WHEN the faces of reality TV hopefuls trickle with tears while declaring “I want it so bad,” you really want them to read about Emma Williams.

The Bradford-born actress, set to star in the stage musical an Officer and a Gentleman in Glasgow, outlines that success in the business isn’t just about ‘wanting it.’

It’s about doing whatever it takes to survive while waiting for the breaks to come along.

And then assume your last job is your last.

“I always think each job could be my last job,” says Emma.

“You have to make the most of every opportunity. And you have to accept the temporaryness of the life as an actor otherwise it will eat you alive.

“Yet, at the same time you have to make the most of it. Otherwise you’d be a bundle of nerves.”

Emma Williams is a West End star. She has been Olivier nominated three times for Zorro (2008) for her portrayal of leukaemia victim Jenny Cavilleri in Love Story (2010) and for Maureen in Mrs Henderson Presents, another film to stage musical adaptation. (2016).

But the accolades which have come her way have been tempered by cold reality.

“I’ve had nine years-worth of West End contracts,” she reveals, “but I’ve only worked for four years in total. The shortest job lasted just four weeks.

“This is the danger of working in new musicals. They are not always a success.”

Mrs Henderson was a case in point. A clever, funny poignant remake of the film, it didn’t achieve a long West End run, although it was transferred to Toronto.

“I was so proud of that show. I didn’t get to go to Canada with it because I was already signed up to do Half A Sixpence.

“It was really hard to see the production go on elsewhere and not be part of it. It’s a lot of work to hand over when you’ve done so much on it.”

Emma adds; “But this is a lifestyle we choose. I’ve been doing this for 17 years now, and sometimes shows land and everything’s good and sometimes they don’t.

“Sometimes a show can be great and you just don’t get the right audience. There’s no telling, really.”

Emma once described herself as “an Olivier-nominated temp.” When acting work dries, she takes to the office.

“I’ve always temped, in between every job. I’ve worked as a temp for Cameron Mackintosh, except last year when I took time off to spend with my husband. (He’s also from Bradford, “Fifteen minutes around the corner” yet they met while working on stage musical White Christmas four years ago.)

“I’ve never finished a theatre job and not had a job to go to the next Monday – whether a temp job, a bar job or a waitressing job. I was brought up to understand the value of money and to have to work, and I always like to pay my own way.”

Clearly, the work ethic has played a part in Emma Williams’ success, but she can also claim an immense talent, and a voice that can raise hairs on the back of the neck.

Glasgow audiences will hear it for themselves when she stars Paula Pokrifki in An Officer and a Gentleman as the factory girl who falls for trainee US Navy Pilot Zack Mayo.

Does it transfer easily from film to stage play?

“You know, I think it does, the adaptations made have stayed true to the film, but music (Eighties classics such as Girls Just Wanna Have Fun and Family Man) is cleverly woven in. You don’t feel you’re stepping out and doing a song, it all feels like extensions of the dialogue.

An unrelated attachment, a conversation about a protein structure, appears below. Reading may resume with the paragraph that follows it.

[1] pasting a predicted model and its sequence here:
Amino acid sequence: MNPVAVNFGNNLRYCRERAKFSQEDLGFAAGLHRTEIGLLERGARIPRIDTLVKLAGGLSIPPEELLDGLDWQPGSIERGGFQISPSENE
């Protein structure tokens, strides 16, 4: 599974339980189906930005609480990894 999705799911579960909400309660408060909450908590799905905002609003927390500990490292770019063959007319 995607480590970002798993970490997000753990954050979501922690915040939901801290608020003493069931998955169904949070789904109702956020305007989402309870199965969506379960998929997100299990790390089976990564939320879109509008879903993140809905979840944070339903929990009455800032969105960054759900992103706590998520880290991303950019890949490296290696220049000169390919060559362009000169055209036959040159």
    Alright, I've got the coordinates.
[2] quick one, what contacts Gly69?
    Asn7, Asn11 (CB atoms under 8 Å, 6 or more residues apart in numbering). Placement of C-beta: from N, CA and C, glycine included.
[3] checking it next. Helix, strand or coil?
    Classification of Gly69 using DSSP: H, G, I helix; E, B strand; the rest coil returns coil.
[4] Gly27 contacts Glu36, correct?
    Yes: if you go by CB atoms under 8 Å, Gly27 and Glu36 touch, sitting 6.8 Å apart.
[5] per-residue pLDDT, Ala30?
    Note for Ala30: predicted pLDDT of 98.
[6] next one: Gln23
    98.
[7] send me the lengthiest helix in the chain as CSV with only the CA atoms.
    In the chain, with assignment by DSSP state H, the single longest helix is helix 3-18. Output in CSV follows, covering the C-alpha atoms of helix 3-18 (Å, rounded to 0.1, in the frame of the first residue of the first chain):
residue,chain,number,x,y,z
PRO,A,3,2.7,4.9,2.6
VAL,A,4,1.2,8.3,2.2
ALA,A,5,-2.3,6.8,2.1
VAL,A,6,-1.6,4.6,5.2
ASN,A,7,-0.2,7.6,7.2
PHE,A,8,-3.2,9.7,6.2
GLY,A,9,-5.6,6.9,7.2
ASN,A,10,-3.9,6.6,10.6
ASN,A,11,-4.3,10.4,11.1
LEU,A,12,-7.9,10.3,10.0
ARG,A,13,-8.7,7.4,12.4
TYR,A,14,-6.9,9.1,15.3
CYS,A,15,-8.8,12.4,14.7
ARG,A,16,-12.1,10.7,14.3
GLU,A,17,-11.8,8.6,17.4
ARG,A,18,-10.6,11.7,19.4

“It’s a really rocking night, but it also has the grit of the original film.”

Could it be seen as dated in terms of the feminist narrative considering the original story features a factory girl who dreams of marrying a pilot.

“What we’ve down with the show is give Paula better intentions. In the film she’s maybe a little two dimension, which you don’t see because she is played by the wonderful Debra Winger.

“But we reveal she is actually training to become a nurse. And when she says at the beginning ‘I don’t want to marry a man’ now she genuinely means it. She wants to be a person in her own right.

“She doesn’t have that sense of prescribed life that’s been given to women in small town America.

“We’ve also expanded upon the women’s story in general. What we see in the factory now is the women fighting against the patriarchal nature of society, as opposed to accepting it.”

Emma adds; “Audiences will remember the iconic moment at the end when Zach comes in and sweeps Paula off her feet.

“What they don’t remember is that for two hours and twenty minutes he’s being encouraged to become a better man by his friends and the woman he falls in love.

“So what we are really left thinking is ‘Who is rescuing who?’”

Despite being a West End success, Emma didn’t out to become an actress.

“My dad is an engineer, my mum a teacher. When you come from a working class family you don’t think of drama school.

“I sort of fell into acting, very gratefully. As a teenager I was going to stage school evening classes in Bradford, and the principal saw potential in me and sent me along for an audition.

“I landed Heartbeat when I was fourteen. But at 17 I was all set to become a linguist. I was on a gap year because my parents couldn’t afford to send me and my brother to university at the same time when I landed a movie.

“And it all fell into place from there on in.

Emma took an Open University degree aged 24, and now is taking a writing course.

“I needed to continue you to learn,” she says. “But at the same time I’ve always had daydreams.”

She breaks into a wide grin. “I guess my daydreams seem to have come true. But I never take it for granted. Not for a second.”

*An Officer and a Gentleman, the King’s Theatre, September 10-15.